From Paul's Security Weekly
Recorded July 22, 2019 at G-Unit Studios in Rhode Island!
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- The 3 Types of Leaders of Innovative Companies - Deborah Ancona and Kate Isaacs, researchers at MIT Sloan School of Management, say many companies struggle to be nimble with a command-and-control leadership culture. They studied Xerox’s R&D outfit PARC and the materials science company W.L. Gore & Associates and found these highly innovative organizations have three kinds of leaders:
- Entrepreneurial - Project-level leaders who bubble-up innovation with new products or business models
- Enabling - Middle management leaders, but not traditional middle management, that help the entrepreneurial leaders with experience, connections, and reenforcement of company principles
- Architecting - Executive leaders creating the structures and cultures for Entrepreneurial and Enabling leaders to succeed with the strategic vision for the company
- 8 Sales Skills You Need to Learn - Why sales training or sales skills? Most leaders need to sell their ideas to their employees, business leaders, and the board. Thought it would be good to cover the eight essential sales skills you need to learn, whether you're a leader or in sales:
- How to Be a ‘Driver’
- Effective Communication
- Digital Sales
- Relationship Building
- Delivering engaging presentations and demonstrations
- Time Management
- The Art of Persuasion
- The Trust Crisis - Facebook, Boeing, and too many other firms are losing the public’s faith. Can they regain it?
- Five Management Lessons From the Apollo Moon Landing - In November 1968, seven months before the moon landing, the journal Science wrote that the space program’s “most valuable spin-off of all will be human rather than technological: better knowledge of how to plan, coordinate, and monitor the multitudinous and varied activities of the organizations required to accomplish great social undertakings.” Here are five management lessons Apollo taught us:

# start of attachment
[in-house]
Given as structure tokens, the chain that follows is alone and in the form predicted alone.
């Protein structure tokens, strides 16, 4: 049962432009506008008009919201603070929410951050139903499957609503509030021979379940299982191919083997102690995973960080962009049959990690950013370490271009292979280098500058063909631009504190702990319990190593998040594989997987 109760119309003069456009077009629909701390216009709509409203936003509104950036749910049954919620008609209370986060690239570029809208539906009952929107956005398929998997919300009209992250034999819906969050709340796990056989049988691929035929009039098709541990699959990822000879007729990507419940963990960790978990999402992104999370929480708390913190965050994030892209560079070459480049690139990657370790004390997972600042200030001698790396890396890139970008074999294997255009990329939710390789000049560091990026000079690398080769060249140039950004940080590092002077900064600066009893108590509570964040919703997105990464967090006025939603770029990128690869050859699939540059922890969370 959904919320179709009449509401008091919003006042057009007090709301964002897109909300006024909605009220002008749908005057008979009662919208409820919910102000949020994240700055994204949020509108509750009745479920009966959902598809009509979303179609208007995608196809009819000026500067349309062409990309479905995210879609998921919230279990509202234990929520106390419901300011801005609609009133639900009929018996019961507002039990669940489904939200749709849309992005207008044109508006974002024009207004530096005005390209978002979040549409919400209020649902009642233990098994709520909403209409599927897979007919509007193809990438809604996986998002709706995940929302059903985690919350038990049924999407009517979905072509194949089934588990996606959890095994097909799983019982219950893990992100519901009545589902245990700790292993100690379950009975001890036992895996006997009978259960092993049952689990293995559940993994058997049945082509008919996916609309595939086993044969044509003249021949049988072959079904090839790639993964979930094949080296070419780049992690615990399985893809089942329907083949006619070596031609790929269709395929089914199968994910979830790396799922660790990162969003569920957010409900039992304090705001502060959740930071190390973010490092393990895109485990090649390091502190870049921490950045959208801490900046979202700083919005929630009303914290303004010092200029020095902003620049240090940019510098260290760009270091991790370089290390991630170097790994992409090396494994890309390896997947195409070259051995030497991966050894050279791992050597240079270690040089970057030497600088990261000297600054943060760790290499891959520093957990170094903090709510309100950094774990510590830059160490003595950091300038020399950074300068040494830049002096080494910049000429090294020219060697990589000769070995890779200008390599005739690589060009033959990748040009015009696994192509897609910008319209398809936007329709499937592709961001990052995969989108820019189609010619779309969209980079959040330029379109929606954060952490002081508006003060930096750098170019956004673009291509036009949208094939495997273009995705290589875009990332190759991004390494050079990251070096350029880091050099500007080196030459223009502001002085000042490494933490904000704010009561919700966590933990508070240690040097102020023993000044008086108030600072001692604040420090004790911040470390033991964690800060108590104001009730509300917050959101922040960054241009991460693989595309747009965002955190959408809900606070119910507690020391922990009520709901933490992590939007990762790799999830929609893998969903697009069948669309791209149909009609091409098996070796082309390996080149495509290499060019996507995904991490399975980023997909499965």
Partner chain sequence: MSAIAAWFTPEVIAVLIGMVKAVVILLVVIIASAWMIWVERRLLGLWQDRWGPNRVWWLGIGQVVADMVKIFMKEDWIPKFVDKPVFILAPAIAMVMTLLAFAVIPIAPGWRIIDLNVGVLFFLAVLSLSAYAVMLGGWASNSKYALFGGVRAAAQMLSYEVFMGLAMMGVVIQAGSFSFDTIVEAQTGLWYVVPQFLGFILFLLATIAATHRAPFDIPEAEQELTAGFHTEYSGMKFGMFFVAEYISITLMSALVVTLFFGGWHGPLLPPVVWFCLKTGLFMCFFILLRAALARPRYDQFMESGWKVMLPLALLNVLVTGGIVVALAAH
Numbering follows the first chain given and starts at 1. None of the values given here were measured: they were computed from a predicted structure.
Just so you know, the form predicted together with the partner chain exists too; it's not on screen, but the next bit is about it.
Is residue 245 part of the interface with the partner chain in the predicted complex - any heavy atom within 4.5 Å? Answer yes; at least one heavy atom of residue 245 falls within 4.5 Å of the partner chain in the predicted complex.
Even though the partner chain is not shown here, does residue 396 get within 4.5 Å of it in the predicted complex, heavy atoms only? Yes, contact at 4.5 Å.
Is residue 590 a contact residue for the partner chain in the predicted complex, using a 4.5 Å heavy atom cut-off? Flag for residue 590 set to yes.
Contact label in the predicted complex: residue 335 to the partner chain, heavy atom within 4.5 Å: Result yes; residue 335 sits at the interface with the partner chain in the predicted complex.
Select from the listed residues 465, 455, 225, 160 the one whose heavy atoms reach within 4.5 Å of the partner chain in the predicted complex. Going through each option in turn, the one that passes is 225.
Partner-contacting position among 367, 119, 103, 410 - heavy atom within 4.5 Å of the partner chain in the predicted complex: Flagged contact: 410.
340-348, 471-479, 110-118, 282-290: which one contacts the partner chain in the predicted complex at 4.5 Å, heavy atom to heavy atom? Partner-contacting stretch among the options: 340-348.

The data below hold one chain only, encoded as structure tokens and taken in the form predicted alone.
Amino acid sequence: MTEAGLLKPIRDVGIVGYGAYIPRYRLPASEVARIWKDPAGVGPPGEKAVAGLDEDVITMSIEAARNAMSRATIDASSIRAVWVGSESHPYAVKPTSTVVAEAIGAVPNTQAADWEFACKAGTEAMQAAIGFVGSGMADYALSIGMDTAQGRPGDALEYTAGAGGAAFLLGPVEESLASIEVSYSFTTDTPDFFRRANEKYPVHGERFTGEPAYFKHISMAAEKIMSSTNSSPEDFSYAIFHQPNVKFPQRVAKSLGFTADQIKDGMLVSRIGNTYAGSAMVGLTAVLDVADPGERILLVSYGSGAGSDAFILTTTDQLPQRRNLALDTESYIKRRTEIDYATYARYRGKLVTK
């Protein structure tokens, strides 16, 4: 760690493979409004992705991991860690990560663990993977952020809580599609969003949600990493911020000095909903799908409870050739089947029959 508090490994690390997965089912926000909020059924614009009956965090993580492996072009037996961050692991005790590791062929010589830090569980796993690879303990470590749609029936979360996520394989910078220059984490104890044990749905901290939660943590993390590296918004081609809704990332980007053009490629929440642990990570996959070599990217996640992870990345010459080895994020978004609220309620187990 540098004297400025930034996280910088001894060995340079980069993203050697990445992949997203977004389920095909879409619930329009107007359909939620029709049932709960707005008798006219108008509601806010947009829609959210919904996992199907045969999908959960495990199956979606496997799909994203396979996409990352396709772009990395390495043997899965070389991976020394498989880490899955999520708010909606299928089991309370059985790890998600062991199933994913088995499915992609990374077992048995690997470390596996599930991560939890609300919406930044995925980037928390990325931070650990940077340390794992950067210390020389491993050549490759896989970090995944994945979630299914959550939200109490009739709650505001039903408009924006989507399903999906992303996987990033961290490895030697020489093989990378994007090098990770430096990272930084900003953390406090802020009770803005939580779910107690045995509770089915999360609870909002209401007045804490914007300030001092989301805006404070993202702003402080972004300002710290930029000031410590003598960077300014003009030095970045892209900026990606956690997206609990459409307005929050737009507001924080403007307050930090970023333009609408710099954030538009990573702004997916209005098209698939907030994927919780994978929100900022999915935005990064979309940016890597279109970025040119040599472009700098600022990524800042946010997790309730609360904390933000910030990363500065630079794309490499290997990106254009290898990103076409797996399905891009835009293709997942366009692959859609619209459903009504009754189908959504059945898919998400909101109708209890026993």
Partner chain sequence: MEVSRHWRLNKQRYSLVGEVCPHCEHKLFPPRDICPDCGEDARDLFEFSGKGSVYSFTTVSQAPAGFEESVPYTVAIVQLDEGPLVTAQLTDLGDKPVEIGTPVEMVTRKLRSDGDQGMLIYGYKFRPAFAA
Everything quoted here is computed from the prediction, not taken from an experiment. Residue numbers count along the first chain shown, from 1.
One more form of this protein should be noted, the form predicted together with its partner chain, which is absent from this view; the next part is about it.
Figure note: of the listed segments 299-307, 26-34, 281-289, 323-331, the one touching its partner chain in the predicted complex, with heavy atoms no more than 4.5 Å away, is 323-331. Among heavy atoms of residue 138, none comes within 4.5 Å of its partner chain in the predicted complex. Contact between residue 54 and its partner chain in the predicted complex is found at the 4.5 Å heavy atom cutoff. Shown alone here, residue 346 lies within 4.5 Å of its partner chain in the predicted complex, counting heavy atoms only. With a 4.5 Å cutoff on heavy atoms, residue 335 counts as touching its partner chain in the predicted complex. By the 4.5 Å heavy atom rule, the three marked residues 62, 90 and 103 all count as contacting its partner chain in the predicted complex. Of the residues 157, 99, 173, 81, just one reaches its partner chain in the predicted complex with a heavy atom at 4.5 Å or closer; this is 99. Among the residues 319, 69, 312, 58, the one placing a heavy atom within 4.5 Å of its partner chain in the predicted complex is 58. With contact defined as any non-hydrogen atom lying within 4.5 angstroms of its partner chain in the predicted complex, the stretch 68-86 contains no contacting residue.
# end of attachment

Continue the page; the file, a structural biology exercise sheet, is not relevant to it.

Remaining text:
- Have a clear objective.
- Harness incongruence.
- Delegate but decide.
- Effectiveness over elegance.
- How Apollo 11 influenced modern computer software and hardware - Paul Kostek, a senior Institute of Electrical and Electronics Engineers (IEEE) member and senior systems expert at Base2, states it simply: “Prior to the Apollo lunar mission computers were huge machines that filled up entire rooms.” NASA had to overcome various challenges, including:
- Even without microprocessors, engineers on the Apollo program were able to scale a computer down to something that could be flown into space.
- The computers on the spacecraft also needed to run real-time operating systems.
- Programs had to be written in low-level assembly language.
- Learned how to debug code well enough so that there weren’t any problems.
- Gartner: Companies shied away from data center spending in 2019 - The recent report indicate a complex market in a state of transition, one where the cloud continues to exert influence over spending decisions. Stats include:
- Only a 0.6% increase in IT spending from 2018.
- Though on-premise spending is flat, data center spending fell 3.5%. Server spending is down 14%.
- The fastest growing sector of IT investment is enterprise software. software as a service will grow 9% from 2018.
Interview: Ajit Sancheti, Preempt
Securing Identity with Conditional Access